On August 24, a year later, Mikhail Gorbachev resigned as the President of the Soviet Union and as the Secretary of the Communist Party, which accelerated the dissolution of the Soviet Empire. Eight more countries declared independence shortly after that. The first three countries to declare independence were also the only ones that participated in the 1992 Olympics as independent states. The rest of the Soviet Union countries participated together as a united delegation named "Unified Team" and even won the gold medal in women's basketball.
Germany: Unified before the Barcelona Olympics
The dissolution of the Soviet Union also had an impact on Germany, which became a unified entity for the first time since World War II. During the war, Germany was occupied by four powers: the United States, France, Britain, and the Soviet Union. The first three unified their occupation zones into West Germany, while the part under the control of the Soviet Union became East Germany. Until 1964, the Olympic Committee did not approve two German teams, and they sent a united team.
After the fall of the Berlin Wall and the collapse of the Soviet Union and the Soviet Bloc, a non-communist party was elected in East Germany in 1990. The fact that the Soviet Union no longer existed made the existence of East Germany unnecessary. On August 23, the reunification treaty was signed, and Germany sent a united team to the Games with 486 athletes, who achieved 82 medals, including 33 gold medals.
Another empire that disintegrated was Yugoslavia, when in 1991, three of its member states declared independence: Bosnia and Herzegovina, Croatia, and Slovenia. They faced severe attacks from the Yugoslav authorities, which triggered the Yugoslav Civil War that lasted until 2001. Due to the war, the Olympic Committee banned Yugoslavia from participating, but the three independent states sent their own delegations.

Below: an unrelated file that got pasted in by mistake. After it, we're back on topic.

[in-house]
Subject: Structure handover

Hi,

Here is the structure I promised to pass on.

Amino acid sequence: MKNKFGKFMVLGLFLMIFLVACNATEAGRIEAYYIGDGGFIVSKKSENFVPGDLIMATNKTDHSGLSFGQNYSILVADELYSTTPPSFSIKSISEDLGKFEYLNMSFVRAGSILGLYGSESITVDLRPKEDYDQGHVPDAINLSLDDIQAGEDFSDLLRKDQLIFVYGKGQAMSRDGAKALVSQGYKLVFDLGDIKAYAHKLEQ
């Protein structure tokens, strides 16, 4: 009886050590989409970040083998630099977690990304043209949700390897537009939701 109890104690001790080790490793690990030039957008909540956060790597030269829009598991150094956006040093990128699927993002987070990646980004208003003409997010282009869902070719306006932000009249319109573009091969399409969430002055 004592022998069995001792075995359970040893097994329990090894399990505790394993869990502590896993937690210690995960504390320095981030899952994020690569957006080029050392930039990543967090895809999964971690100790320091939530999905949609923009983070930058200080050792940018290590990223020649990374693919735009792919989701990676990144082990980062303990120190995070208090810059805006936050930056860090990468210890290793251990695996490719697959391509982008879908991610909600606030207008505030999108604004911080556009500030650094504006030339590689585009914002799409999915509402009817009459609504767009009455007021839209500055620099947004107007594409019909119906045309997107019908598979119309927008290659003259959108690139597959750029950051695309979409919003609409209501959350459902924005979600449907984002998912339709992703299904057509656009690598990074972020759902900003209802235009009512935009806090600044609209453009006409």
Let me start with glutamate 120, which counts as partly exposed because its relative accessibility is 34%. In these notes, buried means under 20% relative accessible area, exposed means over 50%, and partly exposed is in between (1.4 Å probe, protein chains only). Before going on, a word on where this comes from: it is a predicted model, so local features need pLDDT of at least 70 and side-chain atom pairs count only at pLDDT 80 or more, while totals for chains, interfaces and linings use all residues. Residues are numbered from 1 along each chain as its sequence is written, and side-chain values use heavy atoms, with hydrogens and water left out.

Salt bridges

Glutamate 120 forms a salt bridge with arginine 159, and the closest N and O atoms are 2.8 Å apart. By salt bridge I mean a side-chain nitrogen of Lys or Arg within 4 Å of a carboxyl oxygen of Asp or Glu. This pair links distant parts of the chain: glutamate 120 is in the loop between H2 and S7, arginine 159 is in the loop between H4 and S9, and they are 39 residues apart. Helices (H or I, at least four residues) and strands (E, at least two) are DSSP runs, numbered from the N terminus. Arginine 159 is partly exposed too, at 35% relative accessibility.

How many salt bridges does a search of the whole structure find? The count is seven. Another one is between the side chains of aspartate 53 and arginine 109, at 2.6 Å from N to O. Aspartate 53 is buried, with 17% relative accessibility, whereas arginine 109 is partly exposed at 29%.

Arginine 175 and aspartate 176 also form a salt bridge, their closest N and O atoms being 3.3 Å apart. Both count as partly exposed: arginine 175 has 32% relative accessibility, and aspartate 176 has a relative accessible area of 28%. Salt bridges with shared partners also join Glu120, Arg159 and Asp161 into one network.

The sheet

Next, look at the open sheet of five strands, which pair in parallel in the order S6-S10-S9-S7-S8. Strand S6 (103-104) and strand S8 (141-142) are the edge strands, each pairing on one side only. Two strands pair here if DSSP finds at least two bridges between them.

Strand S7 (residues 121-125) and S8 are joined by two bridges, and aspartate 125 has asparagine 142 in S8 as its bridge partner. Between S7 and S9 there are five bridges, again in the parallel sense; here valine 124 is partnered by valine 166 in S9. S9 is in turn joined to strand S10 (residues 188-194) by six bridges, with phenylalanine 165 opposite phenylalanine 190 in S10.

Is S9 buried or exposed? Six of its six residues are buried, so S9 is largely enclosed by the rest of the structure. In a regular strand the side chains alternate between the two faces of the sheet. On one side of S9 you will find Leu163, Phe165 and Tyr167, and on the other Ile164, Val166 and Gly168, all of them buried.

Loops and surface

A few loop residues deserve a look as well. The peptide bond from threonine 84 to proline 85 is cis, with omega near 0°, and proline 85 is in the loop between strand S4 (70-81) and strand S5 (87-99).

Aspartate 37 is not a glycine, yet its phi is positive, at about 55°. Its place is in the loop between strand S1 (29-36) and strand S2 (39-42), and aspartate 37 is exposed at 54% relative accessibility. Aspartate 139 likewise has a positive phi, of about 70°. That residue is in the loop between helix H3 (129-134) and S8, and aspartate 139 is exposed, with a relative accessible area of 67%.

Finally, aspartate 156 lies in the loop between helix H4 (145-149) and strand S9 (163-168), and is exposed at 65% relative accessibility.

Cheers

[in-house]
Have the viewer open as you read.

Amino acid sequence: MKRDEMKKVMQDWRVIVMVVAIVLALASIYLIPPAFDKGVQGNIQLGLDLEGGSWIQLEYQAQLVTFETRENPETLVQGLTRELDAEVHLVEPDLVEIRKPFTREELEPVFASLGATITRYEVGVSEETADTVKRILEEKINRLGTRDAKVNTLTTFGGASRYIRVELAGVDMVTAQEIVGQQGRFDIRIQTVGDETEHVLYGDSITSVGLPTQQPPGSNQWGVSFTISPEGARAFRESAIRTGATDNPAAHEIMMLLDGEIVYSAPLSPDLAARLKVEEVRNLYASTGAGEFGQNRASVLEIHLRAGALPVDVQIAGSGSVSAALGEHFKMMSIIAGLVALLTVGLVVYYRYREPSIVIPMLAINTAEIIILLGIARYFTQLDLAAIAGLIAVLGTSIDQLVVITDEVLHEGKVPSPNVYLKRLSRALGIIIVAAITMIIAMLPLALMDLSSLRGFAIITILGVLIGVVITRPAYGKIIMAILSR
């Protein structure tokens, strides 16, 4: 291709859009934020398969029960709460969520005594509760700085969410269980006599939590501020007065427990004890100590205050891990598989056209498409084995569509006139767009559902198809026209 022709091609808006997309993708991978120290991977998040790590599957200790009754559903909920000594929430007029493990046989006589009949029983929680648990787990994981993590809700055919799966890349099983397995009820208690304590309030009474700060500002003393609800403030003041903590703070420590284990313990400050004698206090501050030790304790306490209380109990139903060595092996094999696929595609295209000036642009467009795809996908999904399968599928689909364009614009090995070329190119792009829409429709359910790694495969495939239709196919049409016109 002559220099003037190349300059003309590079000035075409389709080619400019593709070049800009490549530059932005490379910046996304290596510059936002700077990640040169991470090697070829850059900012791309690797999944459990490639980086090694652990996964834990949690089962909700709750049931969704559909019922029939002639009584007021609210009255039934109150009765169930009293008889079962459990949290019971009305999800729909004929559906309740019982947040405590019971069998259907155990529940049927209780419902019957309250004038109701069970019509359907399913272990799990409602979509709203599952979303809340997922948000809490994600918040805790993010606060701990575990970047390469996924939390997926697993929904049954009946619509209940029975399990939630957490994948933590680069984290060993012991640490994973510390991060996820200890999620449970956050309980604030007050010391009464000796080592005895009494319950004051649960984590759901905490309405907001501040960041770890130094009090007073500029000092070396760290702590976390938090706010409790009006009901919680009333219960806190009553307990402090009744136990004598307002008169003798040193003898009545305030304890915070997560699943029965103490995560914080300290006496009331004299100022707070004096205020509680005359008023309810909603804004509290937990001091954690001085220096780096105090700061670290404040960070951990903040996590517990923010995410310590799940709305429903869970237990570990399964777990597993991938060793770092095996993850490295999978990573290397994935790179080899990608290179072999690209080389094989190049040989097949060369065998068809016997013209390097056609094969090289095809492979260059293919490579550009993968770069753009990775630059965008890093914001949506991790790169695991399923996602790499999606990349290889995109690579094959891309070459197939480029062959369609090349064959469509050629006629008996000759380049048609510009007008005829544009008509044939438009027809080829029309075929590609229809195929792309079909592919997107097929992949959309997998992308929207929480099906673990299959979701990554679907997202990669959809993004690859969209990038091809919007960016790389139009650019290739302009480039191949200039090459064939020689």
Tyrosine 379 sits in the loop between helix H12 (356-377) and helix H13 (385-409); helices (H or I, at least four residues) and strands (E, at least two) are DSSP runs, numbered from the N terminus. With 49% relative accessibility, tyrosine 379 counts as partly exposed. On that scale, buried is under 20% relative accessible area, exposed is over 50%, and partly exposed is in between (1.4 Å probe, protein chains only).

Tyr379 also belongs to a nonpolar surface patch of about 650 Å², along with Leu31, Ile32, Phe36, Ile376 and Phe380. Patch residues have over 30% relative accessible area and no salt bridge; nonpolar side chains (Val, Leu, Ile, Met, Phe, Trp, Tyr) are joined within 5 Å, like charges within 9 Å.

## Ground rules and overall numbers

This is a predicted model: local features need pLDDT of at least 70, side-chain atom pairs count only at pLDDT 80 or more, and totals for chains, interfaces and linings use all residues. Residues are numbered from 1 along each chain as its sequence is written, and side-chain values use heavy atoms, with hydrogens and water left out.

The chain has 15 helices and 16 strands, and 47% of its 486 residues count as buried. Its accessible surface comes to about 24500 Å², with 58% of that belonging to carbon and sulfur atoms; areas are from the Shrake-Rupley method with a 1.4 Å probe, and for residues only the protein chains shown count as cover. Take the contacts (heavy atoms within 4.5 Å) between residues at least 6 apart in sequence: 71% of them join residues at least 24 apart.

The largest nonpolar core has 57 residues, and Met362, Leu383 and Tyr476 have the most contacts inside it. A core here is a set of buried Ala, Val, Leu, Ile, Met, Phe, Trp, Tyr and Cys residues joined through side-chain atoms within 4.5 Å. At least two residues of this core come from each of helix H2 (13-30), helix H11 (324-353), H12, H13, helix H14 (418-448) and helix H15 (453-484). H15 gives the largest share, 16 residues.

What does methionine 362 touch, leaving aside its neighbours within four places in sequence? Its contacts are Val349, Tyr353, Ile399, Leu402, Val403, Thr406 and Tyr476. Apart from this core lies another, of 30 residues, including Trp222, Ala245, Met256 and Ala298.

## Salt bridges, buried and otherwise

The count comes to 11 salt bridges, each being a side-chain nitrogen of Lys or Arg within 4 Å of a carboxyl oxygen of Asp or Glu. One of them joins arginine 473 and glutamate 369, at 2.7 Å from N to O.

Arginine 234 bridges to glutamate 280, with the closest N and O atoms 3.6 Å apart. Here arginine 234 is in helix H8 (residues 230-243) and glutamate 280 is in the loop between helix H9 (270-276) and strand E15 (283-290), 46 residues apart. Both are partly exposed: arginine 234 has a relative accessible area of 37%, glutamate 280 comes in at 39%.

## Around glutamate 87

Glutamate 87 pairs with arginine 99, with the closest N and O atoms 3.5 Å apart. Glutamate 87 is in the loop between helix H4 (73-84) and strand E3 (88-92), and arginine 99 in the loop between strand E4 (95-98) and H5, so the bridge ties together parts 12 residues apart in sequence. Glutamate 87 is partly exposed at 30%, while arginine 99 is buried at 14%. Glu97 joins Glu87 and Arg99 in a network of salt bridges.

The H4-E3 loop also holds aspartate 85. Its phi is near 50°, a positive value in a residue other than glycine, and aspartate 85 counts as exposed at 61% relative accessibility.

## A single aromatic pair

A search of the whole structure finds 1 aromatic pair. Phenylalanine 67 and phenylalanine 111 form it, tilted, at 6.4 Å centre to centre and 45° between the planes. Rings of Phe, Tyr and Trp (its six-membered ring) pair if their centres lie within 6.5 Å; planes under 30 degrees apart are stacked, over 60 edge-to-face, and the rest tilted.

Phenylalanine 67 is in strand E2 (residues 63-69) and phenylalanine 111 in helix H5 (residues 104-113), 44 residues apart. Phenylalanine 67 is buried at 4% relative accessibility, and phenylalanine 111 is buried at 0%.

Ahead of the Barcelona Olympics: FIBA changed its decision
But not only significant political events influenced the Barcelona Olympics, but also one administrative decision by FIBA. When the Olympic basketball tournament was established, professional players were banned from participating. However, the advantage of the United States was evident as they won seven gold medals in the first seven tournaments. In 1972, they suffered their first contested loss to the Soviet Union, and to this day, they have not taken the silver medal.
After a few years, professional players from around the world were allowed to participate, except for NBA players, which led the United States to send college players and amateurs. This resulted in the United States losing the medal for the second time in history when they finished third in the 1988 Seoul Olympics.